Common Snipe (right) and Jack Snipe (left)

Both are listed as Amber due to declines in numbers. Common Snipe breed and winter in the UK and numbers have dropped especially in lowland wet grassland. Jack Snipe winter in the UK, but are a Species of European Concern. To have even seven Jack Snipe on site means it is Nationally Important. 

Jack Snipe

Beyond the tall trees at the edge of the site the brilliant golden sun breaks the horizon, casting its yellow rays across the glittering greens, browns and dun yellows of the pools. In the beautiful winter sunlight we ring and process, learning about these wonderful, cryptic waders. It is brilliant to be able to compare both species at the same time. When complete we release each one, the Common Snipe zoom off quickly, not hanging around. The Jack Snipe however tends to rely more on its camouflage, crouching down until the last moment, flying low and then dropping down again. So when set down carefully after processing, for a moment that is where they stay. 

Lee releasing the fourth of our seven Jack Snipe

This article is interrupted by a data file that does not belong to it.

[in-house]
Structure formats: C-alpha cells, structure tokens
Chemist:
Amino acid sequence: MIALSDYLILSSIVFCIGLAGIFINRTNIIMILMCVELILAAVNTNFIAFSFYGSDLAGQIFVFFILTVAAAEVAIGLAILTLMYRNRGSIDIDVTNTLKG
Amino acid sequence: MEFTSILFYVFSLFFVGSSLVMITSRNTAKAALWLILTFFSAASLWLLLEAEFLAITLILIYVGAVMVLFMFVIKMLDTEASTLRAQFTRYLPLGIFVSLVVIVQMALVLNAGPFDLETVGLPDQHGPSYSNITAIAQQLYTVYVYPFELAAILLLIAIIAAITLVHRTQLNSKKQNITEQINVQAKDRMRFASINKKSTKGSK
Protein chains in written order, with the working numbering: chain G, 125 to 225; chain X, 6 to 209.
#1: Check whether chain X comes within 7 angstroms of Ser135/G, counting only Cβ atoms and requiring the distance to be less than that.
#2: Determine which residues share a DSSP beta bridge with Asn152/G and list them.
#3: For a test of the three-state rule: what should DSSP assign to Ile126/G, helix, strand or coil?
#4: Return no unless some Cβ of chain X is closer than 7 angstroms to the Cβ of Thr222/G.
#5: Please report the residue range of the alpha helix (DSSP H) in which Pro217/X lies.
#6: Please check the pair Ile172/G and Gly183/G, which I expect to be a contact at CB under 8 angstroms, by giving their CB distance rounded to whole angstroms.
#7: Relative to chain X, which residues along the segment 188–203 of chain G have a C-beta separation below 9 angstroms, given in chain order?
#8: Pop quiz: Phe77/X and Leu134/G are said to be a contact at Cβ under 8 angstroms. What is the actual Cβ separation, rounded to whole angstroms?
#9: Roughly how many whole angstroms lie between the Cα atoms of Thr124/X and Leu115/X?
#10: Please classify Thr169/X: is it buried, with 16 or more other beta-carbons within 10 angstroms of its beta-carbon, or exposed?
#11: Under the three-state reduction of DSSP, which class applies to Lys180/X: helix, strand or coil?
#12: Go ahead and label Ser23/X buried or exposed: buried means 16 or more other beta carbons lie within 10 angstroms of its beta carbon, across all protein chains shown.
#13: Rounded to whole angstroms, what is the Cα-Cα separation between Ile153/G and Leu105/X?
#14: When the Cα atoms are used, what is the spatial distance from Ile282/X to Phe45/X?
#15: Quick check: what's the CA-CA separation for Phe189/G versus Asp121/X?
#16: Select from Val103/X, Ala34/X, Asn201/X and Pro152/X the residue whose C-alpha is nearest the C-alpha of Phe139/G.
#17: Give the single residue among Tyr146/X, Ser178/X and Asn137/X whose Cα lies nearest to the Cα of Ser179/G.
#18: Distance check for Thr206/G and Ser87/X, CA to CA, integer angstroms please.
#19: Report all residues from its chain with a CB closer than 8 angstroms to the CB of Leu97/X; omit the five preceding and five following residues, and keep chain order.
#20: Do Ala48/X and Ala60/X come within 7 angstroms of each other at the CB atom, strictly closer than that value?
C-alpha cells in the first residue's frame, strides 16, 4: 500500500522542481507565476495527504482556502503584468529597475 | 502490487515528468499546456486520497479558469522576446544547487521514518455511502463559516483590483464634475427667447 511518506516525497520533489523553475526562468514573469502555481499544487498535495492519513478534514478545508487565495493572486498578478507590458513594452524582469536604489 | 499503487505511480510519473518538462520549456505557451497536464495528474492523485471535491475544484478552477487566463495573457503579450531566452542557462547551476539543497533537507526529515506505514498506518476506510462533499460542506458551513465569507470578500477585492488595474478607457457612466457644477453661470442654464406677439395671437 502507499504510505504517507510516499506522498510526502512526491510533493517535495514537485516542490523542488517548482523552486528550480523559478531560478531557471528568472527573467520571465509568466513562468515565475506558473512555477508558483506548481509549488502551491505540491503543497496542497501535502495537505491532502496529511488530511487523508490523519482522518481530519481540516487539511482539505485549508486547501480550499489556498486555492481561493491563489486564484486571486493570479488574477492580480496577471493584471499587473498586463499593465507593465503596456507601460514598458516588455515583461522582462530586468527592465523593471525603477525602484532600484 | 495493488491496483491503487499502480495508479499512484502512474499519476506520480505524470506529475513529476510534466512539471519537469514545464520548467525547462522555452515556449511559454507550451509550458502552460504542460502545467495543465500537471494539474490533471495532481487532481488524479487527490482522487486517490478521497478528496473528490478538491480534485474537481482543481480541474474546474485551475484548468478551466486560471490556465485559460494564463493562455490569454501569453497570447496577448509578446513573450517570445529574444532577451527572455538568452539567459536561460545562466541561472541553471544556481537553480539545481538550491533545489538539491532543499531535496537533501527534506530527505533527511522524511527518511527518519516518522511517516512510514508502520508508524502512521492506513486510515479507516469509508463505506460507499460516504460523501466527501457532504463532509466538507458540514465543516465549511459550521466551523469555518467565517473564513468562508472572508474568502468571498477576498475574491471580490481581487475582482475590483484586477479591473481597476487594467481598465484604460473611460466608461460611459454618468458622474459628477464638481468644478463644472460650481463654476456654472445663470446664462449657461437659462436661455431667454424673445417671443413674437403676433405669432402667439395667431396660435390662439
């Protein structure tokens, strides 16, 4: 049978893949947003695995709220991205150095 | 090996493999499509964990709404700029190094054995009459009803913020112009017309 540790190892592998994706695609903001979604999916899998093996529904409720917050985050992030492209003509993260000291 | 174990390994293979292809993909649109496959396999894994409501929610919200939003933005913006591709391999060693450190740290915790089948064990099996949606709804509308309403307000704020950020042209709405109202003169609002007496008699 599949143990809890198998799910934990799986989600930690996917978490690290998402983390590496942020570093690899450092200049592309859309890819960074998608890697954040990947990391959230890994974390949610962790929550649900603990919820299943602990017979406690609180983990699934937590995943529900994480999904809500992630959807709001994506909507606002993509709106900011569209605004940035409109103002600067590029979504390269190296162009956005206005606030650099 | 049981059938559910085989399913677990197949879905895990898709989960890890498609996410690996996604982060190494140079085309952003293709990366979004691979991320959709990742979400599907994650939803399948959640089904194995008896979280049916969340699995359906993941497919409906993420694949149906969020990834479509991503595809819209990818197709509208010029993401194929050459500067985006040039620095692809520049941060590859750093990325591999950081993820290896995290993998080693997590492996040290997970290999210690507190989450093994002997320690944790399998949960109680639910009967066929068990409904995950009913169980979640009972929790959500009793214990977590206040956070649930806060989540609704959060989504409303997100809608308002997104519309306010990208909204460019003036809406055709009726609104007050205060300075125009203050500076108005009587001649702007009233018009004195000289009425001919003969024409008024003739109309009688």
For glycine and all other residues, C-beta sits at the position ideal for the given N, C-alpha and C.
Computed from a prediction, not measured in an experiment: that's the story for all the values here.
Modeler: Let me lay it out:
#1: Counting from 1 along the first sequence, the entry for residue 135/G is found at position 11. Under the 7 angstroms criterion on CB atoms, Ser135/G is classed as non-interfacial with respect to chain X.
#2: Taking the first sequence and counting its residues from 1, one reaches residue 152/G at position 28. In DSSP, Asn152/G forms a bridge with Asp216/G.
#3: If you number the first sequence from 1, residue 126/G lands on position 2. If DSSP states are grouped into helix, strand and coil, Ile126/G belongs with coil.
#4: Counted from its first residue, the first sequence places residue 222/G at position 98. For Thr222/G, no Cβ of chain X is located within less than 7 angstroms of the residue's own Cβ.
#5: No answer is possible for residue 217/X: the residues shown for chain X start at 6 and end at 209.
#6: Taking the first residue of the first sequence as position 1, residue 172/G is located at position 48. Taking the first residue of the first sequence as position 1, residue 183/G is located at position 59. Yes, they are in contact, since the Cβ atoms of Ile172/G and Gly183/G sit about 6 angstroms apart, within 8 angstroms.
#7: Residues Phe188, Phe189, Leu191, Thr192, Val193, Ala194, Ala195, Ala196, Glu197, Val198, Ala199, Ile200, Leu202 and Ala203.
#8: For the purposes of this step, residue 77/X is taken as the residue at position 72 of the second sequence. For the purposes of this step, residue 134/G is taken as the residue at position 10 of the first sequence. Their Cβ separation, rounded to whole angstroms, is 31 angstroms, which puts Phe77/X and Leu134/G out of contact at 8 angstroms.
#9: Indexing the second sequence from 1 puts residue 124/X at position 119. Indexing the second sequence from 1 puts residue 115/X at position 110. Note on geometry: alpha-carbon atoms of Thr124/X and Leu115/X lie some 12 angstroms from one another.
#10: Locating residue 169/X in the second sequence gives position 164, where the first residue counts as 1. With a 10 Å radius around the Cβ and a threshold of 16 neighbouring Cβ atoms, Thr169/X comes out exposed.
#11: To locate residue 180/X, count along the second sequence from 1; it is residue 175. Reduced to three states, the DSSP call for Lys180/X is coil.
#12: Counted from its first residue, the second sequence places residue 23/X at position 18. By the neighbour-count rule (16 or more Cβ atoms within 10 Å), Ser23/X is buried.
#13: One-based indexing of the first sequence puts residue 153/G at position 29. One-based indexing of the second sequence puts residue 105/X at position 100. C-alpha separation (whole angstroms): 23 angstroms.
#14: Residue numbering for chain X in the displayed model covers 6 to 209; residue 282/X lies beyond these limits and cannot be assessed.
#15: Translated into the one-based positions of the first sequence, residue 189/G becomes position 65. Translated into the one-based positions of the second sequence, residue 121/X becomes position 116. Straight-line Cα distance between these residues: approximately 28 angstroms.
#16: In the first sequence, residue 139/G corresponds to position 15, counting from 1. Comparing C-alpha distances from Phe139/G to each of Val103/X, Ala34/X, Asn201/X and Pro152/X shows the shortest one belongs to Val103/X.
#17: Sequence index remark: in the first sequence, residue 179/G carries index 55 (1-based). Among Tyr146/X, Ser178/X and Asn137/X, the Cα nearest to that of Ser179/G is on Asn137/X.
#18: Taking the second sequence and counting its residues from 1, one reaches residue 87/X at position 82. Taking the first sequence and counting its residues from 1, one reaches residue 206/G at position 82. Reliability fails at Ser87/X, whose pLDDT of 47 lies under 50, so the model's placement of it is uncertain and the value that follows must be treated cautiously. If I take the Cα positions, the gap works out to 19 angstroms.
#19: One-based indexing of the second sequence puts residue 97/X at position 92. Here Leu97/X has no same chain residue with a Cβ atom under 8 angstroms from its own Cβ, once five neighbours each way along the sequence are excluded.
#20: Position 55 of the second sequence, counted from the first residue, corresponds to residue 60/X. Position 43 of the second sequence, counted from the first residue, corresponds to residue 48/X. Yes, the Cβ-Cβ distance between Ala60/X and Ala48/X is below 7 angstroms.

A huge thank you to Matt Prior and Graham Deacon of North Wiltshire Ringing Group for taking us out and letting us join them. Why not check out their blog to see what they are up to ringing wise. 

Thursday, 18 December 2014

Dipping In

It was dark, the steep slopes, rising either side of the road, a denser, deeper black shadow against the night sky. A cloudy sky that hid the stars, with only a few twinkling lights from nearby houses and the flashing amber of a sign on the road warning of ice as it wound higher into the mountains, a black snake through a black landscape.  The water rushing below was a muted roar against the muffled night. In the light of a torch the water tumbled over itself and the submerged rocks, before disappearing from view, swallowed by the night. The torch swept past ledges and holes, searching. It only took a second to see what we are looking for. The torch light sweeps past again, the far side then assessing the rushing water in between.